• Staff writer


Updated: Mar 10, 2021

The Nuwejaars Wetlands Special Management Area (NWSMA) close to Cape Agulhas is a conservation venture made up of 25 landowners who have signed title deed restrictions to protect the area. With the Elim community, they are working to restore these wetlands to ecological health for the benefit of people and nature.

The work at Nuwejaars is the focus of this year’s World Wetlands Day, namely the restoration of wetlands and their importance as a source of fresh water. Through the restoration work taking place, including invasive alien clearing and rehabilitation along a 5km stretch of the river, a team of six people now also has secure, full time employment.

The wetlands play a key role in securing groundwater flow for downstream communities and towns. They are also internationally important from a conservation perspective, feeding the Heuningnes estuary at the CapeNature De Mond Reserve, a Ramsar site (wetlands of international importance).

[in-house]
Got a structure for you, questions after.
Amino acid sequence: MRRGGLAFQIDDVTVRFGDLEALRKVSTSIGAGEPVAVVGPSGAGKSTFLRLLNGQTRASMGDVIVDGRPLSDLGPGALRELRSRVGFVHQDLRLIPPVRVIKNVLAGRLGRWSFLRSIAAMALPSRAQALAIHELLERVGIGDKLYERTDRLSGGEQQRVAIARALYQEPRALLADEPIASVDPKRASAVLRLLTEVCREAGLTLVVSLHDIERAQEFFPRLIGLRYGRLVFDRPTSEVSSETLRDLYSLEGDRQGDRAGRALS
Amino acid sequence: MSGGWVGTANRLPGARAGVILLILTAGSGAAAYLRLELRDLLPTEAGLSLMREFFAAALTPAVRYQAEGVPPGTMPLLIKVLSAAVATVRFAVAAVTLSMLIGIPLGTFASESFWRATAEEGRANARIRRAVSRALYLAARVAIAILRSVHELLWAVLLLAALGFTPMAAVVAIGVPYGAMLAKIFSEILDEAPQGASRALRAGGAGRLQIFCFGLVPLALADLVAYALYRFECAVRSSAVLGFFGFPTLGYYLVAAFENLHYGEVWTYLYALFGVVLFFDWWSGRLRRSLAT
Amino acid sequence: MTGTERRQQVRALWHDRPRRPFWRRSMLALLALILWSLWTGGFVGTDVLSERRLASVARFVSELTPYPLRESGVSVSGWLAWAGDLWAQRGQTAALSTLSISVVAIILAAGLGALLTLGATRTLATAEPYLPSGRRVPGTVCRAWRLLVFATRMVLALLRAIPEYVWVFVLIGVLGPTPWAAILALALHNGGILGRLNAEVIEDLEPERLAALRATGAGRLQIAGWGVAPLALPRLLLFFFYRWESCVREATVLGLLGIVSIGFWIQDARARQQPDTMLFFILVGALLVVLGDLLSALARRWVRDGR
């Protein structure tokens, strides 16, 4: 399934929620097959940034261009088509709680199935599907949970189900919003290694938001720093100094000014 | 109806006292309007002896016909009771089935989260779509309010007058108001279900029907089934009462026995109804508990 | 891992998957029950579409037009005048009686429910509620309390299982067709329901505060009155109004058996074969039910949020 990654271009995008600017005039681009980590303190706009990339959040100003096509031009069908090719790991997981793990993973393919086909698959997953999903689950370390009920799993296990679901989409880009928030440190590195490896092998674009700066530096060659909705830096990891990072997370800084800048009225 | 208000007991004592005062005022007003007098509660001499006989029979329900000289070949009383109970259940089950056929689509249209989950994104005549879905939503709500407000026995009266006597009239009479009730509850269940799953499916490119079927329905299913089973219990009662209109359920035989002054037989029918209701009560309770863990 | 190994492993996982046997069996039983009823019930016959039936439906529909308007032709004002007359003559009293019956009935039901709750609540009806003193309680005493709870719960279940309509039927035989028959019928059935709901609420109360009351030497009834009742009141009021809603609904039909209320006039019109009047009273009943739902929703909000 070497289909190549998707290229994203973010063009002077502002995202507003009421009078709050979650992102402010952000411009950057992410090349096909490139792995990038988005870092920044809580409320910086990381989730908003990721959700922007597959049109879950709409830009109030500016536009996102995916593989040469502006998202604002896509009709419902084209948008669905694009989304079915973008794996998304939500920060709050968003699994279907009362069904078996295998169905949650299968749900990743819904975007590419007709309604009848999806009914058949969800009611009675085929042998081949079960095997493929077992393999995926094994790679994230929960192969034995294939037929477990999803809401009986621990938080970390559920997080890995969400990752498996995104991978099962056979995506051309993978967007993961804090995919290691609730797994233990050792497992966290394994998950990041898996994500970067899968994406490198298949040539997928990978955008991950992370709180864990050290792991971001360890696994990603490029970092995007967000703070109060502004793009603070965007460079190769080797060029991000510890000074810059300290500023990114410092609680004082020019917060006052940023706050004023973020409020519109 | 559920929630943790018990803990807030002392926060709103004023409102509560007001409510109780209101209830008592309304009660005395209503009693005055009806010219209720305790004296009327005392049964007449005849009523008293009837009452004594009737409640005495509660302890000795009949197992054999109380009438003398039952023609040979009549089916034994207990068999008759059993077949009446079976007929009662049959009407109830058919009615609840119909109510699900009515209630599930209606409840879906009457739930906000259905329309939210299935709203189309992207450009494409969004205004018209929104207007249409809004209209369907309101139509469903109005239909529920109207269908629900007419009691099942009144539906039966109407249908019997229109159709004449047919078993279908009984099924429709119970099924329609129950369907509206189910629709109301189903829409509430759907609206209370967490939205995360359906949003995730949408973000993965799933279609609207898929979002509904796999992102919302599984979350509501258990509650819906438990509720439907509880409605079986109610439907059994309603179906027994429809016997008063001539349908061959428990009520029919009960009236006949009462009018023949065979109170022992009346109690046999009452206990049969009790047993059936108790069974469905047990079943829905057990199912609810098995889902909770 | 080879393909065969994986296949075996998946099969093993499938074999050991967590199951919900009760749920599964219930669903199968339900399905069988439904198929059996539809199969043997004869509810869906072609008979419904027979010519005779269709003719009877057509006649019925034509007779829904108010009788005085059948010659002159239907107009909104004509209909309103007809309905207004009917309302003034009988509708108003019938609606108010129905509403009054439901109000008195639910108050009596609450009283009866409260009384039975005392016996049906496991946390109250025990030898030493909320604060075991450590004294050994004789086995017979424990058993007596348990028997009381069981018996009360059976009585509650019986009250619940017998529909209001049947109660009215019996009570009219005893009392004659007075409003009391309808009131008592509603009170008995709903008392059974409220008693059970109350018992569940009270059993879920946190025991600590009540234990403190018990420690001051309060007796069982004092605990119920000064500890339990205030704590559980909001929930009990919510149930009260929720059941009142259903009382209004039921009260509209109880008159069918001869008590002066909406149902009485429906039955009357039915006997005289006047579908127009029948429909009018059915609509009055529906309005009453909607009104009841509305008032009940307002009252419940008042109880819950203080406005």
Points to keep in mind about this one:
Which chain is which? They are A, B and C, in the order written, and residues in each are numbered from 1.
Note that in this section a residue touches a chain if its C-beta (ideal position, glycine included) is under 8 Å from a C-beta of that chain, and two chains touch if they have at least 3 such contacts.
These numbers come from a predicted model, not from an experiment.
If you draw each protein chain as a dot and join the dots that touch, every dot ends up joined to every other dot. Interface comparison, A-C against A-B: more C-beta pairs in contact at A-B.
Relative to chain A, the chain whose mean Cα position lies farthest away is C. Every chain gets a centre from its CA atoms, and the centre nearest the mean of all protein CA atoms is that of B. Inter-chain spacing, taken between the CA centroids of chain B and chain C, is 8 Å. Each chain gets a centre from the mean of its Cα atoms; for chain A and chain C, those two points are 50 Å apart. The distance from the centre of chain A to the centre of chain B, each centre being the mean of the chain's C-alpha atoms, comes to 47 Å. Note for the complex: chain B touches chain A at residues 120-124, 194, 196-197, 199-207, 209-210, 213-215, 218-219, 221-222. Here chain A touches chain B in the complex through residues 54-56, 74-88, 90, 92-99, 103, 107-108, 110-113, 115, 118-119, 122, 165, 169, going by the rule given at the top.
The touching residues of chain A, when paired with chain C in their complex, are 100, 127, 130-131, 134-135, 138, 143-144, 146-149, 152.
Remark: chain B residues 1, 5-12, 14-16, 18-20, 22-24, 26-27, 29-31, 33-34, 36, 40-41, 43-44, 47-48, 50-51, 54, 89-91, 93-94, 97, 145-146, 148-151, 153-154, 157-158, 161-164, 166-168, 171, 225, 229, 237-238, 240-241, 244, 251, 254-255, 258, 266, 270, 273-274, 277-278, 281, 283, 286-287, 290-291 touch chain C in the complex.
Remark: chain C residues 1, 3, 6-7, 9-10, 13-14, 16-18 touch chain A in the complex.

A vital part of the work at Nuwejaars is the restoration of palmiet, an indigenous plant that helps purify water and sequester carbon. Palmiet has dominated these wetlands for centuries, forming the basis of the peat-like soils found here. Peat wetlands are vital in the fight against climate change, storing carbon for as long as it remains waterlogged, and helping to reduce the impact of floods.

By the late 1990s, many of these wetlands faced increasing threats, being overrun by invasive alien plants that reduced water flow. This was one of the reasons for the founding of the conservation venture and WWF (World Wide Fund for Nature) has been supporting the work since 2018, recognising the importance of the area.


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